1887

Abstract

Infectious bursal disease virus (IBDV) belongs to the family Birnaviridae and is economically important to the poultry industry worldwide. IBDV infects B cells in the bursa of Fabricius (BF), causing immunosuppression and morbidity in young chickens. In addition to strains that cause classical Gumboro disease, the so-called ‘very virulent’ (vv) strain, also in circulation, causes more severe disease and increased mortality. IBDV has traditionally been controlled through the use of live attenuated vaccines, with attenuation resulting from serial passage in non-lymphoid cells. However, the factors that contribute to the vv or attenuated phenotypes are poorly understood. In order to address this, we aimed to investigate host cell–IBDV interactions using a recently described chicken primary B-cell model, where chicken B cells are harvested from the BF and cultured ex vivo in the presence of chicken CD40L. We demonstrated that these cells could support the replication of IBDV when infected ex vivo in the laboratory. Furthermore, we evaluated the gene expression profiles of B cells infected with an attenuated strain (D78) and a very virulent strain (UK661) by microarray. We found that key genes involved in B-cell activation and signalling (TNFSF13B, CD72 and GRAP) were down-regulated following infection relative to mock, which we speculate could contribute to IBDV-mediated immunosuppression. Moreover, cells responded to infection by expressing antiviral type I IFNs and IFN-stimulated genes, but the induction was far less pronounced upon infection with UK661, which we speculate could contribute to its virulence.

Loading

Article metrics loading...

/content/journal/jgv/10.1099/jgv.0.000979
2017-11-20
2019-09-18
Loading full text...

Full text loading...

/deliver/fulltext/jgv/98/12/2918.html?itemId=/content/journal/jgv/10.1099/jgv.0.000979&mimeType=html&fmt=ahah

References

  1. Thornton PK. Livestock production: recent trends, future prospects. Philos Trans R Soc Lond B Biol Sci 2010; 365: 2853– 2867 [CrossRef] [PubMed]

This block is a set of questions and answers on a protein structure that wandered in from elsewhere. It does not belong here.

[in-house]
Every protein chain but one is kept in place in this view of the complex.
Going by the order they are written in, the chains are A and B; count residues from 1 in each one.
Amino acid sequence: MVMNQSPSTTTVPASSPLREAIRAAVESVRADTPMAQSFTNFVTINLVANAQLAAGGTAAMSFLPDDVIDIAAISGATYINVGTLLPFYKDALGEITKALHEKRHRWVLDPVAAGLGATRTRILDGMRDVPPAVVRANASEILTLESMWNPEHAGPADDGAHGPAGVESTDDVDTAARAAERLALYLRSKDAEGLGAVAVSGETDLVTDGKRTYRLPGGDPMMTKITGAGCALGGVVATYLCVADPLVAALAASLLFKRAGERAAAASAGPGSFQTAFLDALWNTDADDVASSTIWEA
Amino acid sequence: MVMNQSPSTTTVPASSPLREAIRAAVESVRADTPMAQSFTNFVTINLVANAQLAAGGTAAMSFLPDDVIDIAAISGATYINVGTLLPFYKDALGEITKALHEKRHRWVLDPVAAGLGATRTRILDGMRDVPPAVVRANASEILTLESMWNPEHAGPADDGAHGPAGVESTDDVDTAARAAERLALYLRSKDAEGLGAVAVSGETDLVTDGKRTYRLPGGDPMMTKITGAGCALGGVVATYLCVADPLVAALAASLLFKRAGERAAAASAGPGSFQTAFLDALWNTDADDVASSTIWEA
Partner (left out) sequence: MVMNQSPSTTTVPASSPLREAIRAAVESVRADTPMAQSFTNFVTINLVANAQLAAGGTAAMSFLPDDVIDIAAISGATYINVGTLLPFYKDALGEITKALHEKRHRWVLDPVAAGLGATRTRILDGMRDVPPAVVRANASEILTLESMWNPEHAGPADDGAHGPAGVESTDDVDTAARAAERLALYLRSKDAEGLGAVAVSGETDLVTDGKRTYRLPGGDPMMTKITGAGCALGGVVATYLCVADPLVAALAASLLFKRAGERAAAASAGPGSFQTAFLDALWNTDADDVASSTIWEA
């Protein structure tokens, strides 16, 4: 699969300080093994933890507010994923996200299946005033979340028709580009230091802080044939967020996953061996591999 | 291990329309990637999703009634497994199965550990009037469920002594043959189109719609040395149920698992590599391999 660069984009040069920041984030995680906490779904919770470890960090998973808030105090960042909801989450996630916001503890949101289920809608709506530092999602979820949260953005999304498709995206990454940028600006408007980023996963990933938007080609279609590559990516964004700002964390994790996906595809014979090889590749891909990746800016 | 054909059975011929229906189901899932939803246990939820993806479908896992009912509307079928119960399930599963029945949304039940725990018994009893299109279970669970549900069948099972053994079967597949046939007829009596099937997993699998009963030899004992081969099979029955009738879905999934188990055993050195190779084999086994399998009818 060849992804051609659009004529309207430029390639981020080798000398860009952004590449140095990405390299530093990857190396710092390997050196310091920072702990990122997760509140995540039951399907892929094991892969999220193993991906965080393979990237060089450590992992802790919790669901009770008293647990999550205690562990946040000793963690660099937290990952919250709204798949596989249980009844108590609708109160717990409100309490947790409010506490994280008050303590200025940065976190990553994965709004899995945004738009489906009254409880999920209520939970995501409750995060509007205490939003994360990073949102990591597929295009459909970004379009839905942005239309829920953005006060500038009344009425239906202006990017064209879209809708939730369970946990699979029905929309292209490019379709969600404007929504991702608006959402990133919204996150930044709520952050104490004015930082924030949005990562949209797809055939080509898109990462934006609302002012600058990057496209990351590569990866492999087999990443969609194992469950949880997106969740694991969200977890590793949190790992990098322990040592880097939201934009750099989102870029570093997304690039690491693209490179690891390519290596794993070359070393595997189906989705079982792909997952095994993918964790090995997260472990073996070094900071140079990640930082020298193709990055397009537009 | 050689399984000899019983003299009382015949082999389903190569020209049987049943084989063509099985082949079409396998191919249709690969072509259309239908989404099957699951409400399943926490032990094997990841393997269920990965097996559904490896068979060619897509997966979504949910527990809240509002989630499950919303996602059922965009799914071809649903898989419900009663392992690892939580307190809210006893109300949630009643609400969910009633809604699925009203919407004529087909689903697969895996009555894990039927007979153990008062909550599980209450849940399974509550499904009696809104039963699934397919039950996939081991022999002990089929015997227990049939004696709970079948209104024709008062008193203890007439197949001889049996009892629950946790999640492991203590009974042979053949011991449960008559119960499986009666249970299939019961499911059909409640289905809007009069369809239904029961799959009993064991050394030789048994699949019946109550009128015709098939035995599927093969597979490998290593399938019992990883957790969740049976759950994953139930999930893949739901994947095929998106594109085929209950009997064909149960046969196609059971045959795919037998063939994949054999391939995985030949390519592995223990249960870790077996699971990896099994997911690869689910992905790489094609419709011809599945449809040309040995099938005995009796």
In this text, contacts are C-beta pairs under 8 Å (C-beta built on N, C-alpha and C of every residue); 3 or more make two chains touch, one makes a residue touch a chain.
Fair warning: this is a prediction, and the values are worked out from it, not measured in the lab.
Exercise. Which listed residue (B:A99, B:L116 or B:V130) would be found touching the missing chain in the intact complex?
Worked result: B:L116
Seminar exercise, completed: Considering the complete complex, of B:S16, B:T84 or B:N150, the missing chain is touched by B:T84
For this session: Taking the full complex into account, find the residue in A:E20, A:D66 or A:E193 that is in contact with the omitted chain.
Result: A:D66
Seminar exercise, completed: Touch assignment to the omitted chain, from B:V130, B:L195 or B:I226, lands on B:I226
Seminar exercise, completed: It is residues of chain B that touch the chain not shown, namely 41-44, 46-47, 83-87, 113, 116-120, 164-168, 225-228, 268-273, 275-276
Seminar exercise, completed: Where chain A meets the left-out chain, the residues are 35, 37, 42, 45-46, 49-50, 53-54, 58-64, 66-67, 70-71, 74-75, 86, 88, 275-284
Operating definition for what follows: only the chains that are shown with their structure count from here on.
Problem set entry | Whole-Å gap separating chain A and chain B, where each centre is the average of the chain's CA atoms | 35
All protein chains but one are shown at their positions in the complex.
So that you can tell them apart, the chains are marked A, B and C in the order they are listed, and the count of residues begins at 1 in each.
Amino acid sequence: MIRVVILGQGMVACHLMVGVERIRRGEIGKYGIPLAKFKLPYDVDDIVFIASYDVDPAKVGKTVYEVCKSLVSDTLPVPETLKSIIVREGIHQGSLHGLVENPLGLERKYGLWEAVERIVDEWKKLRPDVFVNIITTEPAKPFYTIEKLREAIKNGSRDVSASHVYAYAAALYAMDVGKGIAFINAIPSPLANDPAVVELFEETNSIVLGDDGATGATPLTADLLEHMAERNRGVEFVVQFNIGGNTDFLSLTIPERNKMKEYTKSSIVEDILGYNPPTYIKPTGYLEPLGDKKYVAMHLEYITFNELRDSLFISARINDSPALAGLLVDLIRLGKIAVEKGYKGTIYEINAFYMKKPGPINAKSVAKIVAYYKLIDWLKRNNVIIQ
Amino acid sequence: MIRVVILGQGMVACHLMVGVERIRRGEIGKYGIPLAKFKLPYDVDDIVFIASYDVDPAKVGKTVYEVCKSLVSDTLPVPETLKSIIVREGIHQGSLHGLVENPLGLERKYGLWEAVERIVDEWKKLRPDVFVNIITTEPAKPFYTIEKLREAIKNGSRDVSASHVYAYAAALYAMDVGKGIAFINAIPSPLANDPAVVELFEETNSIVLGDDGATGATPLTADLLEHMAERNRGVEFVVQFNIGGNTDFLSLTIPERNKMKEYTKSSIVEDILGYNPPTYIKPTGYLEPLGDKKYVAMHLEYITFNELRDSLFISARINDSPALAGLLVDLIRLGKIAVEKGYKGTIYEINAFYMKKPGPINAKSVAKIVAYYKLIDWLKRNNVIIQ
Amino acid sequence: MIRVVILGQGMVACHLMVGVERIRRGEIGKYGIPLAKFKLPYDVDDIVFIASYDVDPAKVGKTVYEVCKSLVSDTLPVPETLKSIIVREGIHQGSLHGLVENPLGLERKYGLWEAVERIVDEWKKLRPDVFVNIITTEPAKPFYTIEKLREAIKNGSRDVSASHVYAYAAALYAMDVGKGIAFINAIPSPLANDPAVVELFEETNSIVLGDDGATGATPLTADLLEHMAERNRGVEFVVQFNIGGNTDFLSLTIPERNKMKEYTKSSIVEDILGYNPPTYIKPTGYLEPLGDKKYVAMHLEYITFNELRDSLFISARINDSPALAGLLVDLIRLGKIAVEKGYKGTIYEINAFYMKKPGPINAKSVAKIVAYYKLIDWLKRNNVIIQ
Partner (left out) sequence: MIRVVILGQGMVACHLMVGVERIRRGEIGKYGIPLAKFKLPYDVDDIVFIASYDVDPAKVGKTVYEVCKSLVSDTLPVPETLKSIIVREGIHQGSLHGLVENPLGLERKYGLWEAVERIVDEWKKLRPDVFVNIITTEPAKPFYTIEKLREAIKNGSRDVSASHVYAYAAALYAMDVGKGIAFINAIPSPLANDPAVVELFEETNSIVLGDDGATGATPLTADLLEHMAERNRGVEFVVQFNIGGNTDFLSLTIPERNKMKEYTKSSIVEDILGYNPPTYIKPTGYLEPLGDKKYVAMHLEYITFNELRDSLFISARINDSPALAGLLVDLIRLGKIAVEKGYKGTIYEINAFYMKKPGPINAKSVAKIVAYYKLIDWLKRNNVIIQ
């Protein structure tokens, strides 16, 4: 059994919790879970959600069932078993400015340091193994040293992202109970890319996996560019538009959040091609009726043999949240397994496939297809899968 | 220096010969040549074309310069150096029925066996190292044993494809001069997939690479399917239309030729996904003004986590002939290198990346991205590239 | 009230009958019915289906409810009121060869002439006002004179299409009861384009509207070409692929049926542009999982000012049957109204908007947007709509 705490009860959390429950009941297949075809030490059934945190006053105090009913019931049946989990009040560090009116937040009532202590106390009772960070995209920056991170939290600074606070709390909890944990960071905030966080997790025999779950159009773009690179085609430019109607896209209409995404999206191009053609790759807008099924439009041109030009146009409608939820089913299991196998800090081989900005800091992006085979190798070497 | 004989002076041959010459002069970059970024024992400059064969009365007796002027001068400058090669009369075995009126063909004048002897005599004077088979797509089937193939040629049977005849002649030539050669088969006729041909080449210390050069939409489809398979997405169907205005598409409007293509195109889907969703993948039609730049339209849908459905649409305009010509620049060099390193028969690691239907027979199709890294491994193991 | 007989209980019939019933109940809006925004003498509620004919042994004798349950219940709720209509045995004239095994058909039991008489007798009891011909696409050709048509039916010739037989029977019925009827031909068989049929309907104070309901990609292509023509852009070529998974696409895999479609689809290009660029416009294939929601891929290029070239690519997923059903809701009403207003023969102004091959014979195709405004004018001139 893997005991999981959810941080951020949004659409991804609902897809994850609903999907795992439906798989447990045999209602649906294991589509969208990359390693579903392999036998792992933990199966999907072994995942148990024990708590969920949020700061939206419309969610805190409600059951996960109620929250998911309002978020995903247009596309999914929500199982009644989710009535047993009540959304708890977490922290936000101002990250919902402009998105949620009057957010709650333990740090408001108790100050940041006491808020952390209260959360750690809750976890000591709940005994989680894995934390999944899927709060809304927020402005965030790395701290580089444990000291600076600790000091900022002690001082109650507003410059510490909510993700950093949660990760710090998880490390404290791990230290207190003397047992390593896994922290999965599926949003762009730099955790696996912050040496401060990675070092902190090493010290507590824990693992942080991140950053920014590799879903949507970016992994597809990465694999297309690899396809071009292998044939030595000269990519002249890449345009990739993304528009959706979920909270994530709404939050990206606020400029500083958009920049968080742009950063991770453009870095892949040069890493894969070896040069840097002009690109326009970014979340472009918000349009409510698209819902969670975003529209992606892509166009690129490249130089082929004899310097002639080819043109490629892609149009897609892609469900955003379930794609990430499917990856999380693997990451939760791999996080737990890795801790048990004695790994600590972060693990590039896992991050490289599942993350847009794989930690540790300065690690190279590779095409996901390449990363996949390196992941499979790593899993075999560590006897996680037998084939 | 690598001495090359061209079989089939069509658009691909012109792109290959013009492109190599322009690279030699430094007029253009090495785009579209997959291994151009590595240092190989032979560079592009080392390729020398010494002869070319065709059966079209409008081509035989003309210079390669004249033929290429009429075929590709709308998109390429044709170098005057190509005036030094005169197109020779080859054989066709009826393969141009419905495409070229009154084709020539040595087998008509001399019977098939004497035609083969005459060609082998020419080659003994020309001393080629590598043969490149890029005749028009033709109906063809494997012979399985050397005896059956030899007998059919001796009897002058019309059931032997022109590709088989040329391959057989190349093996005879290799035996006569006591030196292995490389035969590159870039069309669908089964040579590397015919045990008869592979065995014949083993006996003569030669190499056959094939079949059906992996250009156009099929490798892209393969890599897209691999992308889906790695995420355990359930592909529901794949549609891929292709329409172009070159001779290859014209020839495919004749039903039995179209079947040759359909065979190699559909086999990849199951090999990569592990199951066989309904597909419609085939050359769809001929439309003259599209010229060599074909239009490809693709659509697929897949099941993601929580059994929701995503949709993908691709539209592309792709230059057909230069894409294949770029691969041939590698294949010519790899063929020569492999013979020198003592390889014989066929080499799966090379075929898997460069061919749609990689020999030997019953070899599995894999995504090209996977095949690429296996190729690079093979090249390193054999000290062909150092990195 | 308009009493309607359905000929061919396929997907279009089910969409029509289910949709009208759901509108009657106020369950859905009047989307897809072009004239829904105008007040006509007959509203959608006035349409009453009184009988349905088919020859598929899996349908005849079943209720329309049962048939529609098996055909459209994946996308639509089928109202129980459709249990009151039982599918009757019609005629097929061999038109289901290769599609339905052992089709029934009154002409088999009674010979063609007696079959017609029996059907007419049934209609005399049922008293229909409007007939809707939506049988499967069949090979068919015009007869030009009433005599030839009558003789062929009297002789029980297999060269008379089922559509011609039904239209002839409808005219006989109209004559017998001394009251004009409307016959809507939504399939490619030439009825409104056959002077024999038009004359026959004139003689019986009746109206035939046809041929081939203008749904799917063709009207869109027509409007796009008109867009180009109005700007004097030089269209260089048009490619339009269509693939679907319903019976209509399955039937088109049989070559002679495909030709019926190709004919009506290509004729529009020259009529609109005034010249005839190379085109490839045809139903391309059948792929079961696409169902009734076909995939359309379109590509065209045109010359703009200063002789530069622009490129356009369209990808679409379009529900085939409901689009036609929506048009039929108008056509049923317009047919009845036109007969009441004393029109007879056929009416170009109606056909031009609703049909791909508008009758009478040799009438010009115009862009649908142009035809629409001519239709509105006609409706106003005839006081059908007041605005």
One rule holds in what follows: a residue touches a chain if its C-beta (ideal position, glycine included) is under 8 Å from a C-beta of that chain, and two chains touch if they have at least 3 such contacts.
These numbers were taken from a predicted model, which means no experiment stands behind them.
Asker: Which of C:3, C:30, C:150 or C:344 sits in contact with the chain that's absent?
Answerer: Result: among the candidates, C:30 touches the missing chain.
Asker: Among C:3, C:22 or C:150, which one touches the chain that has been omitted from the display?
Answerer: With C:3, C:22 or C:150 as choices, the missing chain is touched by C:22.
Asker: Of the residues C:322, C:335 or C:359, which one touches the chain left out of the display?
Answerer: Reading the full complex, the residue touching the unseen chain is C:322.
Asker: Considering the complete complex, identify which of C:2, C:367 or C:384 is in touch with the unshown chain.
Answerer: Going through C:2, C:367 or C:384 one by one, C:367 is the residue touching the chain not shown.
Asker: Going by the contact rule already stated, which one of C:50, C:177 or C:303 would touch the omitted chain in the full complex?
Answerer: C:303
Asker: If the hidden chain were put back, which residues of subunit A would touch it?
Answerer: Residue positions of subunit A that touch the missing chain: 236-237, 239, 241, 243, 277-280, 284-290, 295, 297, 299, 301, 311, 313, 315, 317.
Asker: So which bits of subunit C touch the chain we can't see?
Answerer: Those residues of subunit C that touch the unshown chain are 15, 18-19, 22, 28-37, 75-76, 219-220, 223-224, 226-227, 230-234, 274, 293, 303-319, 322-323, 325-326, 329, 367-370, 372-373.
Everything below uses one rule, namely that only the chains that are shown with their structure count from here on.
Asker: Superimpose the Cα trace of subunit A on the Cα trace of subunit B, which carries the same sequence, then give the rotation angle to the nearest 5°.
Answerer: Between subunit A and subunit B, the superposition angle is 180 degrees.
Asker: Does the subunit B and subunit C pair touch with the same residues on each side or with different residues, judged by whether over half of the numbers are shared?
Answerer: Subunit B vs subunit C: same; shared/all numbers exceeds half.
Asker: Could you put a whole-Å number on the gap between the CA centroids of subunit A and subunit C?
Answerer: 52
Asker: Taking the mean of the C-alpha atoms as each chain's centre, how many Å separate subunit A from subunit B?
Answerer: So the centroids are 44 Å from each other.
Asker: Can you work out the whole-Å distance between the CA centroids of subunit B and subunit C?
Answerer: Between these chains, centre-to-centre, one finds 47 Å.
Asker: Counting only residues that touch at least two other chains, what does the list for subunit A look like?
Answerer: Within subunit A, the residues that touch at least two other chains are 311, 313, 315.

[Google Scholar]
  2. Hoerr FJ. Clinical aspects of immunosuppression in poultry. Avian Dis 2010; 54: 2– 15 [CrossRef] [PubMed]
    [Google Scholar]
  3. Cazaban C, Gardin Y, Rv O. Gumboro disease- a persisting problem. CEVA 2017; 4
    [Google Scholar]
  4. Ingrao F, Rauw F, Lambrecht B, van den Berg T. Infectious bursal disease: a complex host-pathogen interaction. Dev Comp Immunol 2013; 41: 429– 438 [CrossRef] [PubMed]
    [Google Scholar]
  5. van den Berg TP, Eterradossi N, Toquin D, Meulemans G. Infectious bursal disease (Gumboro disease). Rev Sci Tech 2000; 19: 509– 543 [PubMed] [Crossref]
    [Google Scholar]
  6. Müller H, Mundt E, Eterradossi N, Islam MR. Current status of vaccines against infectious bursal disease. Avian Pathol 2012; 41: 133– 139 [CrossRef] [PubMed]
    [Google Scholar]
  7. Heine HG, Haritou M, Failla P, Fahey K, Azad A. Sequence analysis and expression of the host-protective immunogen VP2 of a variant strain of infectious bursal disease virus which can circumvent vaccination with standard type I strains. J Gen Virol 1991; 72: 1835– 1843 [CrossRef] [PubMed]
    [Google Scholar]
  8. Snyder DB, Lana DP, Savage PK, Yancey FS, Mengel SA et al. Differentiation of infectious bursal disease viruses directly from infected tissues with neutralizing monoclonal antibodies: evidence of a major antigenic shift in recent field isolates. Avian Dis 1988; 32: 535– 539 [CrossRef] [PubMed]
    [Google Scholar]
  9. Brown MD, Green P, Skinner MA. VP2 sequences of recent European 'very virulent' isolates of infectious bursal disease virus are closely related to each other but are distinct from those of 'classical' strains. J Gen Virol 1994; 75: 675– 680 [CrossRef] [PubMed]
    [Google Scholar]
  10. Brown MD, Skinner MA. Coding sequences of both genome segments of a European 'very virulent' infectious bursal disease virus. Virus Res 1996; 40: 1– 15 [CrossRef] [PubMed]
    [Google Scholar]
  11. Schermuly J, Greco A, Härtle S, Osterrieder N, Kaufer BB et al. In vitro model for lytic replication, latency, and transformation of an oncogenic alphaherpesvirus. Proc Natl Acad Sci USA 2015; 112: 7279– 7284 [CrossRef] [PubMed]
    [Google Scholar]
  12. Guo X, Wang L, Cui D, Ruan W, Liu F et al. Differential expression of the Toll-like receptor pathway and related genes of chicken bursa after experimental infection with infectious bursa disease virus. Arch Virol 2012; 157: 2189– 2199 [CrossRef] [PubMed]
    [Google Scholar]
  13. He X, Chen Y, Kang S, Chen G, Wei P. Differential regulation of chTLR3 by infectious bursal disease viruses with different virulence in vitro and in vivo. Viral Immunol 2017; 30: 490– 499 [CrossRef] [PubMed]
    [Google Scholar]
  14. Ou C, Wang Q, Zhang Y, Kong W, Zhang S et al. Transcription profiles of the responses of chicken bursae of Fabricius to IBDV in different timing phases. Virol J 2017; 14: 93 [CrossRef] [PubMed]